GLENDALE, Ariz. – The starting quarterback can’t stay healthy, the backup quarterback can’t hit a wide-open freight car and the third-string QB is astonishingly adept at hitting opposing defenders.
Sounds like the trailer to an awful cable TV series, no?
Unfortunately, it’s not fantasy. It’s macabre reality for the Cardinals. And the grisly addendum is that there are no backups left to whom the Cardinals fan base can hitch its pathetic dreams.
“There’s no great solution coming through that door. There’s no great players that are going to come in here and fix this,” veteran Vonnie Holliday said. “We’ve got to fix this from within.”
We don’t know if the Ryan Lindley experiment will last beyond this week. Given the way coach Ken Whisenhunt unceremoniously yanked John Skelton after one quarter last week with the Cards leading 13-0 in Atlanta, it is hard to imagine Whisenhunt dusting off that hopeless script.
Maybe the Cards will decide to give Lindley another crack despite his four-interception, two-pick-six performance in the Rams’ 31-17 win Sunday at University of Phoenix Stadium. Or maybe Kevin Kolb will be healthy enough to play when the Cardinals travel to face the Jets next weekend.
Whatever that decision may be, it’s time to examine the bigger picture, because the immediate picture – the 2012 season – is over except for the five games required to play out the string. It’s evaluation time, and the Cards have to take a long, hard look at several key areas, even if Whisenhunt is contractually constrained from admitting it.
“We’re going to put the best guys in there that give us a chance to win games,” Whisenhunt said. “We’re not going to evaluate personnel over trying to win games.”
Among the things the Cardinals must ponder over the final five weeks of the season:
If they can’t put together two or three wins down the stretch, has Whisenhunt done enough to keep his job for at least one more season?
Should they pick up running back Beanie Wells’ option in 2013 because he’s the best option available, or should they cut ties because of the concerns over his durability?
Can the offensive line’s shortcomings be addressed through free agency, or is it finally time to make a concerted effort on that front through the draft, even if that process is slow?
And finally, what the heck should the Cardinals do about their quarterback situation? Should they keep Kolb, whose salary increases from $1 million to $9 million next season along with a small, additional bonus that puts him in the neighborhood of $10 million? It is obvious now that Kolb gives this team its best chance to win, but he has missed about half the 27 games the Cards have played since he arrived due to injuries.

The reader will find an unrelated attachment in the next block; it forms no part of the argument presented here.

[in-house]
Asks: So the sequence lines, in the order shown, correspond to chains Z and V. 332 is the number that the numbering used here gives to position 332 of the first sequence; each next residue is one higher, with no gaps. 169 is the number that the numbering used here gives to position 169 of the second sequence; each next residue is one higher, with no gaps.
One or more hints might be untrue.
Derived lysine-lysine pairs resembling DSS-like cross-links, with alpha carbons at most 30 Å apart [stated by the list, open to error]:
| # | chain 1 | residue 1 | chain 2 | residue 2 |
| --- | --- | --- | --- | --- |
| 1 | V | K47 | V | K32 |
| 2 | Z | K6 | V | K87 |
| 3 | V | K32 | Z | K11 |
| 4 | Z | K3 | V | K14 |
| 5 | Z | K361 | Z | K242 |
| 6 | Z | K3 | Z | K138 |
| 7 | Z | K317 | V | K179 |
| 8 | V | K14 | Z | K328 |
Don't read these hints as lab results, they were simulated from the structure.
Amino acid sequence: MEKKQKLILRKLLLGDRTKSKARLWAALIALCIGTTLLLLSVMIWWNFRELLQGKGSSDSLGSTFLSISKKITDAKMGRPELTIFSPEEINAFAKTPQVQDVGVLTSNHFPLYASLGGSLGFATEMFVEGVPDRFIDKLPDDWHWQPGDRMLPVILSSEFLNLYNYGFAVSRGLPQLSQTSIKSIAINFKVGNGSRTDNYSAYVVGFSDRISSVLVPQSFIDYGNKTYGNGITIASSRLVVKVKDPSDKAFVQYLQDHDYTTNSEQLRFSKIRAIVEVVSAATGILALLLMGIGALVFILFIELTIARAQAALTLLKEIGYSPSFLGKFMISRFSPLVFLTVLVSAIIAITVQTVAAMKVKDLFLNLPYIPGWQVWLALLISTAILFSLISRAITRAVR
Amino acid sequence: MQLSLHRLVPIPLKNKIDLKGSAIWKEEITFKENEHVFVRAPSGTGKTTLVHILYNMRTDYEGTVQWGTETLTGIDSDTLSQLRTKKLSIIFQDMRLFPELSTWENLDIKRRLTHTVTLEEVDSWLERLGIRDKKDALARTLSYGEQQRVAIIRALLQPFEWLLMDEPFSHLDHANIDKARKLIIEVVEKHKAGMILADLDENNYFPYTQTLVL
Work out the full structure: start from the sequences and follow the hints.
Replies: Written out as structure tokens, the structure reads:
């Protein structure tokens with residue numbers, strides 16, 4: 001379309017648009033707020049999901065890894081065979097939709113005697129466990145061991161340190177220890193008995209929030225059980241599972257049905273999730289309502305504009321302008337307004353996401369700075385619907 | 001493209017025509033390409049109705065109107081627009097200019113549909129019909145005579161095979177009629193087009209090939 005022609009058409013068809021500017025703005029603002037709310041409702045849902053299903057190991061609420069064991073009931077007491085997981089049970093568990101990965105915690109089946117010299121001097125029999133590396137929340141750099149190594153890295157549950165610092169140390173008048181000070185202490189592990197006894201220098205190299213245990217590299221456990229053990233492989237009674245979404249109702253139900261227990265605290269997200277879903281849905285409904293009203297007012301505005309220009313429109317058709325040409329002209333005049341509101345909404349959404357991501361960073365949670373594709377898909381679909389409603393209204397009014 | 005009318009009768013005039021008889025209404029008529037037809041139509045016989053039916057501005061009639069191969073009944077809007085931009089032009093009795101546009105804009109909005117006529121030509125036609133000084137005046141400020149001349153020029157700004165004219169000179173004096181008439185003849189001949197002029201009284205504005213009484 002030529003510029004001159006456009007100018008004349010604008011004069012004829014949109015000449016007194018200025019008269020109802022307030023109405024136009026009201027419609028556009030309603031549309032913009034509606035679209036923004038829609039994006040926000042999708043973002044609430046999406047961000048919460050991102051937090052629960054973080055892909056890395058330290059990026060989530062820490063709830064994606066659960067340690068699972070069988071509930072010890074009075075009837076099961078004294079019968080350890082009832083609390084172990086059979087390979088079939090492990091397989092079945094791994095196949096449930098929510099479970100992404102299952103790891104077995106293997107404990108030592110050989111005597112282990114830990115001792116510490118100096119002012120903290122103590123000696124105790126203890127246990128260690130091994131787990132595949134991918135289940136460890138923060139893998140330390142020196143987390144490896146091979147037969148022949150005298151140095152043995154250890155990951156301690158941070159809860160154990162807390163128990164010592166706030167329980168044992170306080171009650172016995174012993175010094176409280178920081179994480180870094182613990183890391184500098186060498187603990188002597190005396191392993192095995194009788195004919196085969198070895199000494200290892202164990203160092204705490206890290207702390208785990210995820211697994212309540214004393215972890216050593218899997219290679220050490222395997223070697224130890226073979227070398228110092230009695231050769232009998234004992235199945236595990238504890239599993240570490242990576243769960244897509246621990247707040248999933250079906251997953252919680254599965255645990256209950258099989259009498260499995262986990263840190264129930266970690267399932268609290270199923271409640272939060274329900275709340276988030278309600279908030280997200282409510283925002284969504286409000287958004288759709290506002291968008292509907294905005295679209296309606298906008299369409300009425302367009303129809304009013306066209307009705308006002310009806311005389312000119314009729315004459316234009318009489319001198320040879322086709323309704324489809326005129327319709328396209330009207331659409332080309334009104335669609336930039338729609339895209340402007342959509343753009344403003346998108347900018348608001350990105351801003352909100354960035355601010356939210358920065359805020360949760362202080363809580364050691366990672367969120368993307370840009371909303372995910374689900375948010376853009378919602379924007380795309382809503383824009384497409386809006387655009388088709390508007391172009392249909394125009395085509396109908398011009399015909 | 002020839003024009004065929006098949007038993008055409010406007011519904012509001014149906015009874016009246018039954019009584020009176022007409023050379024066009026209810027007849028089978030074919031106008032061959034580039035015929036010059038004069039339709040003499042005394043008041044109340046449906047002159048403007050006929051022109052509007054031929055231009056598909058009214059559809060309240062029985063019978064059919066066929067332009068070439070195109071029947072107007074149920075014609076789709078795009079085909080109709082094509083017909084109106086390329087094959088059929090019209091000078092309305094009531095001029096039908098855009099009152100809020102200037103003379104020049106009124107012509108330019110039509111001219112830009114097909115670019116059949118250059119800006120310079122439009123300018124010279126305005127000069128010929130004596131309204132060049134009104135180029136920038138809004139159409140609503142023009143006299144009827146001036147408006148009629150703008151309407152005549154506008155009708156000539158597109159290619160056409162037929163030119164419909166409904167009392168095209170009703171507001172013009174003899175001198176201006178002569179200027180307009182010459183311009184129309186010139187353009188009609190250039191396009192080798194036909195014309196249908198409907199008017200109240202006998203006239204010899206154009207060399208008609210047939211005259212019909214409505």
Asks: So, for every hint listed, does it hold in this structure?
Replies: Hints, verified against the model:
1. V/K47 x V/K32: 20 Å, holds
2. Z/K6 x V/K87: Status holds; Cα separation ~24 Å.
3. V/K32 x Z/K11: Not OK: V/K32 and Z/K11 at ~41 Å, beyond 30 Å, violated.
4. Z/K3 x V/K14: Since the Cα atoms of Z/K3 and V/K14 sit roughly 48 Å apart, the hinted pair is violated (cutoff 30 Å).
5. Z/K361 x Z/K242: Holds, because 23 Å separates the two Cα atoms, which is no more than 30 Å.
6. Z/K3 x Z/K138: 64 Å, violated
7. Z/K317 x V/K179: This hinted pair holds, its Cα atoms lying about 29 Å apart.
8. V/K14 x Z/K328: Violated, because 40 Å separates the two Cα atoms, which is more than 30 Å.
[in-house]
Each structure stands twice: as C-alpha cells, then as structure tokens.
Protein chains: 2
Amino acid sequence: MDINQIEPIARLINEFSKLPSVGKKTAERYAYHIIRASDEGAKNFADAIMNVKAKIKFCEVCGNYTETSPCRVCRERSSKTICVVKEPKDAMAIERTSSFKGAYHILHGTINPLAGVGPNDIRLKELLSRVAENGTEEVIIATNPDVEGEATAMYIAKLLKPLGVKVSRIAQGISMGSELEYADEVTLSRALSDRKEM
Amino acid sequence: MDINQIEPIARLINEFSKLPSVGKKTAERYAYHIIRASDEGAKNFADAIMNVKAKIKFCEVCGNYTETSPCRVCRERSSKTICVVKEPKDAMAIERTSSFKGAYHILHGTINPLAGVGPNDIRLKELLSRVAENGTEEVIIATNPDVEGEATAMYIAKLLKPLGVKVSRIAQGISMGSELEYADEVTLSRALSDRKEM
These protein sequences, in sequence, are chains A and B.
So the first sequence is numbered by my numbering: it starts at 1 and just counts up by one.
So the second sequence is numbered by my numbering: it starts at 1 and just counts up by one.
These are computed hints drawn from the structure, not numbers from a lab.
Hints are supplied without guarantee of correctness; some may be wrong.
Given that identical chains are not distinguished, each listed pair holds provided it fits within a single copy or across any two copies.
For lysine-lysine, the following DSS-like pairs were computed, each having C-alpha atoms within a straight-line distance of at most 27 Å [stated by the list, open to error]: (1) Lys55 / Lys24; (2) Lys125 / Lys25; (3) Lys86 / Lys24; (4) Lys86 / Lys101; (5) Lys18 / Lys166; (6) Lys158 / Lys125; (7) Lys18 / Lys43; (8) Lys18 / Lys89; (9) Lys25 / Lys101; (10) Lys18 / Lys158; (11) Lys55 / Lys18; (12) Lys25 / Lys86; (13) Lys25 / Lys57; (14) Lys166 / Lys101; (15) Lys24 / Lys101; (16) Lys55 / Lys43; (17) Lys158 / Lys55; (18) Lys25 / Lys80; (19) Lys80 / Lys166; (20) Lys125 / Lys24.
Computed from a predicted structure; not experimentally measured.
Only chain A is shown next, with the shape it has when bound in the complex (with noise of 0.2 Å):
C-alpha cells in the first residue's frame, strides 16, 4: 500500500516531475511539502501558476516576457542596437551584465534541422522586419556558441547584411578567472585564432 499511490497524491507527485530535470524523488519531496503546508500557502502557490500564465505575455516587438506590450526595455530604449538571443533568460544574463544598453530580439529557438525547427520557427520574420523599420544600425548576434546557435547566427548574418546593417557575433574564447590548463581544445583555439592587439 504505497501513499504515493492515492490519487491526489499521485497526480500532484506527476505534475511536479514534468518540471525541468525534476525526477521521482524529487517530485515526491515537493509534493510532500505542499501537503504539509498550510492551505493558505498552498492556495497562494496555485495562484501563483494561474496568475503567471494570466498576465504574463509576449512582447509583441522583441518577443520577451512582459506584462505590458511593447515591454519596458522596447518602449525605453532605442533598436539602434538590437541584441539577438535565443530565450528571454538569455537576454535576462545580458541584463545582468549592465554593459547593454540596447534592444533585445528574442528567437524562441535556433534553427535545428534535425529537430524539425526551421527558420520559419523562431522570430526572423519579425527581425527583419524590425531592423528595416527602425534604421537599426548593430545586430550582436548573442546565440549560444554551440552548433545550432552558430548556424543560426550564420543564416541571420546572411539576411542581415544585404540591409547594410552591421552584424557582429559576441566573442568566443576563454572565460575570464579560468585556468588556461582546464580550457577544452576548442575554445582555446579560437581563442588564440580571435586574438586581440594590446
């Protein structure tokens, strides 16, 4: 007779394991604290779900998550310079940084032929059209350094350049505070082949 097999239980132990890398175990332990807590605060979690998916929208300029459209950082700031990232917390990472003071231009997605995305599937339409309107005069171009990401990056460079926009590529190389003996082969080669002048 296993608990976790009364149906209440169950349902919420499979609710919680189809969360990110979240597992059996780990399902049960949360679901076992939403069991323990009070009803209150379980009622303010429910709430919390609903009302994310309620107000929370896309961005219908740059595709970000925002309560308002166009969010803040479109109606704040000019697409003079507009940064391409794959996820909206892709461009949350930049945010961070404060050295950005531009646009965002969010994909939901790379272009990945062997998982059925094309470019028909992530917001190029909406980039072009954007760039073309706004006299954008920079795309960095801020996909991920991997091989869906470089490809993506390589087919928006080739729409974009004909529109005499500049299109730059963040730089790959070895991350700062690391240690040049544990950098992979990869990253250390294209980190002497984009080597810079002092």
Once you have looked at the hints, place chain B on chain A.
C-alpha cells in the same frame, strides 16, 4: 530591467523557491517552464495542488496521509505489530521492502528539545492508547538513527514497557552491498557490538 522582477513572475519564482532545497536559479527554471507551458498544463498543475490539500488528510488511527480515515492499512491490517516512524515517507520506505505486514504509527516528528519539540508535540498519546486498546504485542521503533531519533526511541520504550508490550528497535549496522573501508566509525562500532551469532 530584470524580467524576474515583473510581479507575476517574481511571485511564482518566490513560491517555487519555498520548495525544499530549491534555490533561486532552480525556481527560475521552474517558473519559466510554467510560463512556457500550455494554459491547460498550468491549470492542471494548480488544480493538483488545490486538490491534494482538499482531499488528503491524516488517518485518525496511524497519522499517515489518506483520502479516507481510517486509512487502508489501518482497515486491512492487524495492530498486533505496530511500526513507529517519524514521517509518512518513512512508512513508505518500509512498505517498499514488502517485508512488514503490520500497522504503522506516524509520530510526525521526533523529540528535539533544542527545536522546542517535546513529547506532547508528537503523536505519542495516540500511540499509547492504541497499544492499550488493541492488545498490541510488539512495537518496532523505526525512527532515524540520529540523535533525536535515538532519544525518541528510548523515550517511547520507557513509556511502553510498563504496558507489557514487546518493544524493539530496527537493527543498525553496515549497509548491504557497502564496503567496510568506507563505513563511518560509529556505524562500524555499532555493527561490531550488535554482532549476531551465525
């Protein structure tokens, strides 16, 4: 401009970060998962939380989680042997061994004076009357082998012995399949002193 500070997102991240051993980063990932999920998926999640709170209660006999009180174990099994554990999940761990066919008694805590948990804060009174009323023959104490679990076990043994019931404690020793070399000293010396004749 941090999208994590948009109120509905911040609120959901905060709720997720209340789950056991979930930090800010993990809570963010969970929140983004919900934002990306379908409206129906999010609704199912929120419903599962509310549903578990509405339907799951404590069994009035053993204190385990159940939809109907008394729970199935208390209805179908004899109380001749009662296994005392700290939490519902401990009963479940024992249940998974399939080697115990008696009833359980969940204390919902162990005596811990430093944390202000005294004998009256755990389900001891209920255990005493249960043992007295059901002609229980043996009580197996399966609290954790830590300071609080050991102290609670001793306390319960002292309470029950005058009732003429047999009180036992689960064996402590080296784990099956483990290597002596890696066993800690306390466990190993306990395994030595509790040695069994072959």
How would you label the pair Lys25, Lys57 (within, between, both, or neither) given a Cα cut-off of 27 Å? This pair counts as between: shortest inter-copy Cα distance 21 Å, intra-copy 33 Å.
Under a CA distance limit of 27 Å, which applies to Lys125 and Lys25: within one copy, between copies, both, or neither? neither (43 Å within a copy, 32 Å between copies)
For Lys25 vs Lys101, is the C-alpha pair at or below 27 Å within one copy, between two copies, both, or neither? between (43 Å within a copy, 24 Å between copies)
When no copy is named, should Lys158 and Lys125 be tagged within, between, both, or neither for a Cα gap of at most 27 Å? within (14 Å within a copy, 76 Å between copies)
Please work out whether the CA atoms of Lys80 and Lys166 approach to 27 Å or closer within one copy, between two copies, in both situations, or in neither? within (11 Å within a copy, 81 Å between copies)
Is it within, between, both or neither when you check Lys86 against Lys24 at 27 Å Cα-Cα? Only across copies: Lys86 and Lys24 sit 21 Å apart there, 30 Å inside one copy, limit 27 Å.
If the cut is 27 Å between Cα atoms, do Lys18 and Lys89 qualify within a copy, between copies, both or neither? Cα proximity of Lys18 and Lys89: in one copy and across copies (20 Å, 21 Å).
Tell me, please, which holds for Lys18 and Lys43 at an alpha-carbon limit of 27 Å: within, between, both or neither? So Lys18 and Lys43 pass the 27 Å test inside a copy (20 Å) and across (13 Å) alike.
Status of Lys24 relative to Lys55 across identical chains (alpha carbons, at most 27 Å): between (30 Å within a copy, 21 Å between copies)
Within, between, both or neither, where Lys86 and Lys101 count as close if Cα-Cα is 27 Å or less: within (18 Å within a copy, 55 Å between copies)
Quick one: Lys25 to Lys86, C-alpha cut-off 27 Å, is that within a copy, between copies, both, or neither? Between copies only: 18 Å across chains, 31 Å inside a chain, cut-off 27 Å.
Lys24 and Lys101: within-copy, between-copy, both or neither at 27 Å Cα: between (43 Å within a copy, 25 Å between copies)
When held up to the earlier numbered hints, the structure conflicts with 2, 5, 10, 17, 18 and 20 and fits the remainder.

Should they keep Skelton as a backup for the final year of his contract, knowing now that he is not starting material in the NFL? If Kolb can’t go next week, should they keep moving forward with Lindley for the rest of the season to see if he can progress enough to assume greater duties, or should they re-insert Kolb at the first opportunity to build some momentum for next season — and maybe to save Whisenhunt’s job?
The early returns on Lindley were not good. We were told he made good decisions in practice when the staff gave him more opportunities to play with the first team over the bye week. We were told he could make the throws necessary to win a game. Yet on Sunday, and with the giant caveat that he was a rookie making his first NFL start, Lindley showed neither ability.
On the Cards’ opening scoring drive on which he went 7 for 8 passes for 80 yards, Lindley benefited from a game plan that allowed him to throw simple, safe passes underneath and in the middle of the field as the Cards took a 7-0 lead.
But then the Rams adjusted their pressure and their coverage. When Lindley was forced to throw outside the numbers, either because of the Rams’ alignment or because of play calls that had to keep the defense honest, he threw a pair of pick-sixes, one on a bad decision on which LaRod Stephens-Howling was covered, the other on a badly underthrown ball to Larry Fitzgerald.
Overall, he threw four interceptions and displayed an inability to consistently throw accurately or with enough velocity on balls outside the numbers on the field. Lindley completed 31 of 52 passes for 312 yards, but those stats were inflated, just like Skelton’s were early in this losing streak. The bottom line: Lindley made crucial mistakes, both on the interceptions and on missed plays, like an overthrow to a wide-open Fitzgerald.
“You’ve got to roll with the punches in this league,” Lindley said. “I think I punched myself pretty good today.”
So did the Cards, who got a less-than-stellar effort from their defense and nothing from their offense in the second half. Sunday’s loss gave the Cards their second seven-game losing streak in the past three seasons, and they also had a six-game skid last season. No matter what progress you see in the finer details, progress can not be claimed in the final analysis.
“This league is about wins and losses, and we haven’t been winning,” Holliday said. “Nobody cares about anything else.”